The Washington Post today reports on a growing rift among Republicans, between those who are becoming willing to close a few corporate tax loopholes to help close the budget deficit and those who are sticking with their pledge never to ever raise taxes by a single cent on anyone or anything. In an interview, Grover Norquist, the pro-corporate powerhouse who has convinced 41 senators and 237 members of the House to sign his no-new-taxes-ever pledge, unintentionally cut to the center of the issue:
“This is a fantasy on the part of the liberal Democrats that the Republicans would be stupid enough to repeat 1990 and throw away a winning hand politically,” Norquist said. “Why would you elect a Republican Senate if they just sat down with Obama and raised everyone’s taxes?”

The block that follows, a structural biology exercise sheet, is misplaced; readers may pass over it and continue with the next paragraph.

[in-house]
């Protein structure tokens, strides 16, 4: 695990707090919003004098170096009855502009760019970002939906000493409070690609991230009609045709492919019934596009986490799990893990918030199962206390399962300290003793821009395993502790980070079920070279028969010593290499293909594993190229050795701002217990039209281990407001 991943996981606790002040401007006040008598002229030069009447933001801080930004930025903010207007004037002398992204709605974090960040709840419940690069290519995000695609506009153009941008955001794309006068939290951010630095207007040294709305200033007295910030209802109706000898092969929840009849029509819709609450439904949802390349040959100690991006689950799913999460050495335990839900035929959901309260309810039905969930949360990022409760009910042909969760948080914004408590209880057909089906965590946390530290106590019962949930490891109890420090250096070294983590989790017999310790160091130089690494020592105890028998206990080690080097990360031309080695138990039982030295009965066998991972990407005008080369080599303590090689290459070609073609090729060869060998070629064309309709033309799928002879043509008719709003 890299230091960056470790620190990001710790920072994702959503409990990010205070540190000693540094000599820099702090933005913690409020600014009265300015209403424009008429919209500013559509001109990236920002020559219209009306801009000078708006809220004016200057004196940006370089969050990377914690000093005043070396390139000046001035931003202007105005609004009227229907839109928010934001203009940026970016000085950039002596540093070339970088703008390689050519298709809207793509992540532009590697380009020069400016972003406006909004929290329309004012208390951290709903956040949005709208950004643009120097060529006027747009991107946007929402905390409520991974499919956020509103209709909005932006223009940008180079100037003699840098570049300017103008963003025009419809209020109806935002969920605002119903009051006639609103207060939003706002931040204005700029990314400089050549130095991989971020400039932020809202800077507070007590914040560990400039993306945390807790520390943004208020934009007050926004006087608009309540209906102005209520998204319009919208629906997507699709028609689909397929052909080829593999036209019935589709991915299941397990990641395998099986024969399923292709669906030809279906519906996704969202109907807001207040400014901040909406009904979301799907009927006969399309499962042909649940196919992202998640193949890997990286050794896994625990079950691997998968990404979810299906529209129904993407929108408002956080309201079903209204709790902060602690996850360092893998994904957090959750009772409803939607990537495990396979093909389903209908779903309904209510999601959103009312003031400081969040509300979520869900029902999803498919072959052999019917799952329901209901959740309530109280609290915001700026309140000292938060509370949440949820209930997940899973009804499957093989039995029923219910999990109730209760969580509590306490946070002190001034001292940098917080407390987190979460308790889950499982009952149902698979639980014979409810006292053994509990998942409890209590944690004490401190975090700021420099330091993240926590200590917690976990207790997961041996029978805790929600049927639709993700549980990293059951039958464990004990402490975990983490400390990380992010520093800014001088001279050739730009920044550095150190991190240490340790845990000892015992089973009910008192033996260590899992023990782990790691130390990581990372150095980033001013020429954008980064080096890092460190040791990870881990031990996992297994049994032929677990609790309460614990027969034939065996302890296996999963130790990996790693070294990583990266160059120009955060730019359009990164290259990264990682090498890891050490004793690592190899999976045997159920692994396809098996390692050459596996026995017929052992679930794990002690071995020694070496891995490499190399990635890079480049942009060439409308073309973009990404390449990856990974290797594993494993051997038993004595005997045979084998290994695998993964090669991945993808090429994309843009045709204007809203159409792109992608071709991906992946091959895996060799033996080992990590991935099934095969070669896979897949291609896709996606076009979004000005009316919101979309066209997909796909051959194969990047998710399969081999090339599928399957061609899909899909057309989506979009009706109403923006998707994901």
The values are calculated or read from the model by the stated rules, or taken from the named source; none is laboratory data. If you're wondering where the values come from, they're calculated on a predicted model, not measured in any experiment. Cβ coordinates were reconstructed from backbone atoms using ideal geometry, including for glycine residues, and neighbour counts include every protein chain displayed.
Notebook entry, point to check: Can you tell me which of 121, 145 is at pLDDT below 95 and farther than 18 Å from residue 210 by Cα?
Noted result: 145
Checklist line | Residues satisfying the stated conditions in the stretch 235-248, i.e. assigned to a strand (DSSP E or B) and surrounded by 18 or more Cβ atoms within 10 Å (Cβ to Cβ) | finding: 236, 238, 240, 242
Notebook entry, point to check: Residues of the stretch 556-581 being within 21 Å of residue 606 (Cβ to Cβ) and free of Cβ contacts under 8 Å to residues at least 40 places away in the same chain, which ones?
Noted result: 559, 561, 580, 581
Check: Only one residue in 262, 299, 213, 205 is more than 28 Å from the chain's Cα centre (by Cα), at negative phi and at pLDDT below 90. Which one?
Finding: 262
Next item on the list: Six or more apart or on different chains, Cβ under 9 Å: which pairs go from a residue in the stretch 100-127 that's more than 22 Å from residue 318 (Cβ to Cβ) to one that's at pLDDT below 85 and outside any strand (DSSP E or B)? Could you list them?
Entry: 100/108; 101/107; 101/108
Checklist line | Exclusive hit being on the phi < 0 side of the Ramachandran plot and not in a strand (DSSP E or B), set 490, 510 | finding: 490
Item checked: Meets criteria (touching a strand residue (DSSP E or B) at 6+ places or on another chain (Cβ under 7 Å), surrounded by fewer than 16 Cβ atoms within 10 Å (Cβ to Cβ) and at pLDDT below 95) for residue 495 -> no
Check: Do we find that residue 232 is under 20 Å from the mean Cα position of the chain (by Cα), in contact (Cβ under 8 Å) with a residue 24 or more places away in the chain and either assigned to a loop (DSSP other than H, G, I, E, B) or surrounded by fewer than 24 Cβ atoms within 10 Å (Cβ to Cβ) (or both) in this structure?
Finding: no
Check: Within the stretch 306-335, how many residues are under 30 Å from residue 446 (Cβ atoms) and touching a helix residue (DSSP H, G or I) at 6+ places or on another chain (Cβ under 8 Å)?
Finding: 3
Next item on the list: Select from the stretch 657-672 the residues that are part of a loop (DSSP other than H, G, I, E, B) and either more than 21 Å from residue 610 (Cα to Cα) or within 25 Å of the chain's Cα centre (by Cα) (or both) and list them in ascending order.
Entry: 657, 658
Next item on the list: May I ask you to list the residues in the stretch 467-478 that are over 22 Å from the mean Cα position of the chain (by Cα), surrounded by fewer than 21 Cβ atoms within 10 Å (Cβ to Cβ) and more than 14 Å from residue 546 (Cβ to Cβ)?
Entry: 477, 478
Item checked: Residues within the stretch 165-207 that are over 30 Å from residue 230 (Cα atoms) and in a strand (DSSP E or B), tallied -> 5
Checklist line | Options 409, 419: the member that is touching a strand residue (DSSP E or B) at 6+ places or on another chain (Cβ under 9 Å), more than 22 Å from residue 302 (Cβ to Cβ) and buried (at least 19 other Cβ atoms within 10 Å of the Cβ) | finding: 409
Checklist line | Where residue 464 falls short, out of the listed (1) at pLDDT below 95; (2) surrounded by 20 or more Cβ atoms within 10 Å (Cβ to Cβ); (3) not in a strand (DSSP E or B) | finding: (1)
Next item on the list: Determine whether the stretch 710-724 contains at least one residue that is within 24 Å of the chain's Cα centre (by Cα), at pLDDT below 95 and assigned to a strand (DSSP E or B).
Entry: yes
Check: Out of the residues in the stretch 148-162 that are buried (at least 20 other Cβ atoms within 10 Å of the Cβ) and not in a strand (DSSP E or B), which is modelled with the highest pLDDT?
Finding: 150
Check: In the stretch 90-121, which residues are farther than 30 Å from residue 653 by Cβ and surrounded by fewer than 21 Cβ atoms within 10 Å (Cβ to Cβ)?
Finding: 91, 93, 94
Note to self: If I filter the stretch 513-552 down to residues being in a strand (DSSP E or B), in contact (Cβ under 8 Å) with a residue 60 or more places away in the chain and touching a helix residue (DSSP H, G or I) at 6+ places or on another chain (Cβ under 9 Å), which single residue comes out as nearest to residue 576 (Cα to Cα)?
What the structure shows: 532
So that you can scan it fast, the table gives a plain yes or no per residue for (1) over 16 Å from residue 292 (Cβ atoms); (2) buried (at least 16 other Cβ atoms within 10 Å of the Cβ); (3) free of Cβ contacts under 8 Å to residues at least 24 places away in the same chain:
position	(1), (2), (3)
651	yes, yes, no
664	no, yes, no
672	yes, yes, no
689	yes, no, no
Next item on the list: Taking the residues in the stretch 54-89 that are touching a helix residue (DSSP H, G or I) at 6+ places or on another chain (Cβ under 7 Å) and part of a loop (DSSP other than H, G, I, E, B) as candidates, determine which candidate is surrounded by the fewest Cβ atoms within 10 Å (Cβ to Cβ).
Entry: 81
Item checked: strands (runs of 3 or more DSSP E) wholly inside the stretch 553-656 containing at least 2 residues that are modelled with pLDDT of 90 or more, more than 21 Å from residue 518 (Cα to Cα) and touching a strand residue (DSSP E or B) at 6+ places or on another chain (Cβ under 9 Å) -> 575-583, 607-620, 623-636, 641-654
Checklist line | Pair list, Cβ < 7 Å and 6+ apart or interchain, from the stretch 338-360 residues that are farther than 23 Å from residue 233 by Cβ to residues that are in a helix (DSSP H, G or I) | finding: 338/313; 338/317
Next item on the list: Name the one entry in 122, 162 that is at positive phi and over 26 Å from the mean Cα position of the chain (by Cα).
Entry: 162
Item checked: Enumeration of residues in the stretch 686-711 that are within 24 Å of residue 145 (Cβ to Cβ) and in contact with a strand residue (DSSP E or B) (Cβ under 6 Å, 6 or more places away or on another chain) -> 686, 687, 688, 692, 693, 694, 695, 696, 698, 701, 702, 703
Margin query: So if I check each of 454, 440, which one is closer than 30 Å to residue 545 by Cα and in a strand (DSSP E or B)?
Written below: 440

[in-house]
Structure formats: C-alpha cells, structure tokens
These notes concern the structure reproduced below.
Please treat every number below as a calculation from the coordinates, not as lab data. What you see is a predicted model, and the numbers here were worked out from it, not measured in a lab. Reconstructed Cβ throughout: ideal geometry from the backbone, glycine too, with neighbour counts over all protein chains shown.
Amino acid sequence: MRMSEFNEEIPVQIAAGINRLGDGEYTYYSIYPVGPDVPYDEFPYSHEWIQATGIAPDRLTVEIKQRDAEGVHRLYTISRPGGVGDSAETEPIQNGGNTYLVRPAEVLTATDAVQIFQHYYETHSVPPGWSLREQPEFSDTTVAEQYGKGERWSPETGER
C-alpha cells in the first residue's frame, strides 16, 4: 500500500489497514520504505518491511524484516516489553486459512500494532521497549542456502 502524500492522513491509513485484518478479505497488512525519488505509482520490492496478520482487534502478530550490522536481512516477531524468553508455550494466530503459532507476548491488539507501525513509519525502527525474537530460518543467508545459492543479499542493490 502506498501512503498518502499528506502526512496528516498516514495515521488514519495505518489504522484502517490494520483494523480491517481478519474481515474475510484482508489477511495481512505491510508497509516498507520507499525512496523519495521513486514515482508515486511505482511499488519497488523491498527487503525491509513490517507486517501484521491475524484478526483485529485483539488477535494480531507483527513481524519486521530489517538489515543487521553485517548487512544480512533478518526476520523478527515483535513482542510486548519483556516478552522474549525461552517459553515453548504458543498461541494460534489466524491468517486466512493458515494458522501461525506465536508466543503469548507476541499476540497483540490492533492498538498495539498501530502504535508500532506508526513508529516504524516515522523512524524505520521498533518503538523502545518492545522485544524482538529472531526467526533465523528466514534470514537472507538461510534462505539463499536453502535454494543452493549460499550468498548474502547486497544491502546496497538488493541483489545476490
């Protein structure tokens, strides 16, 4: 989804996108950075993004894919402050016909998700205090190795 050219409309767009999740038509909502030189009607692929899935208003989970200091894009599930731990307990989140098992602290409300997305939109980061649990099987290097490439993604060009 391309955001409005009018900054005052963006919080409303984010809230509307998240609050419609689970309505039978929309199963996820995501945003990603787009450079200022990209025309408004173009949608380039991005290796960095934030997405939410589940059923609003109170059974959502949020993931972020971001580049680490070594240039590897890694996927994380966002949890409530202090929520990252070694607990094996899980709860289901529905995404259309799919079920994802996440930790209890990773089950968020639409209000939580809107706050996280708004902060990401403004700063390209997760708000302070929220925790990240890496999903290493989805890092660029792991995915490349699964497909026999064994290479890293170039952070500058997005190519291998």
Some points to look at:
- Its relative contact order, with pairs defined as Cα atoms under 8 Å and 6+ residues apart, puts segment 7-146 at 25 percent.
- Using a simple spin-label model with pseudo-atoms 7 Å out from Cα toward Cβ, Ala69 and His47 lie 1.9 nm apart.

What Norquist and his buddies in Congress are hoping that Americans don’t catch on to is that when they’re talking about efforts to “raise everyone’s taxes,” they’re talking about a very small – and very rich – subset of “everyone.” Last year, President Obama cut taxes on the vast majority of middle class Americans. The tax hikes that are now on the table in bipartisan budget talks aren’t taxes on “everyone” – they’re reductions of the enormous tax breaks already enjoyed by big corporations and the closing of loopholes that let huge companies like G.E. get away without paying any taxes at all.
What some Republicans in Congress are beginning to admit and what voters are beginning to realize in greater numbers is that when Norquist talks about “raising everyone’s taxes,” he’s leaving out a pretty important asterisk.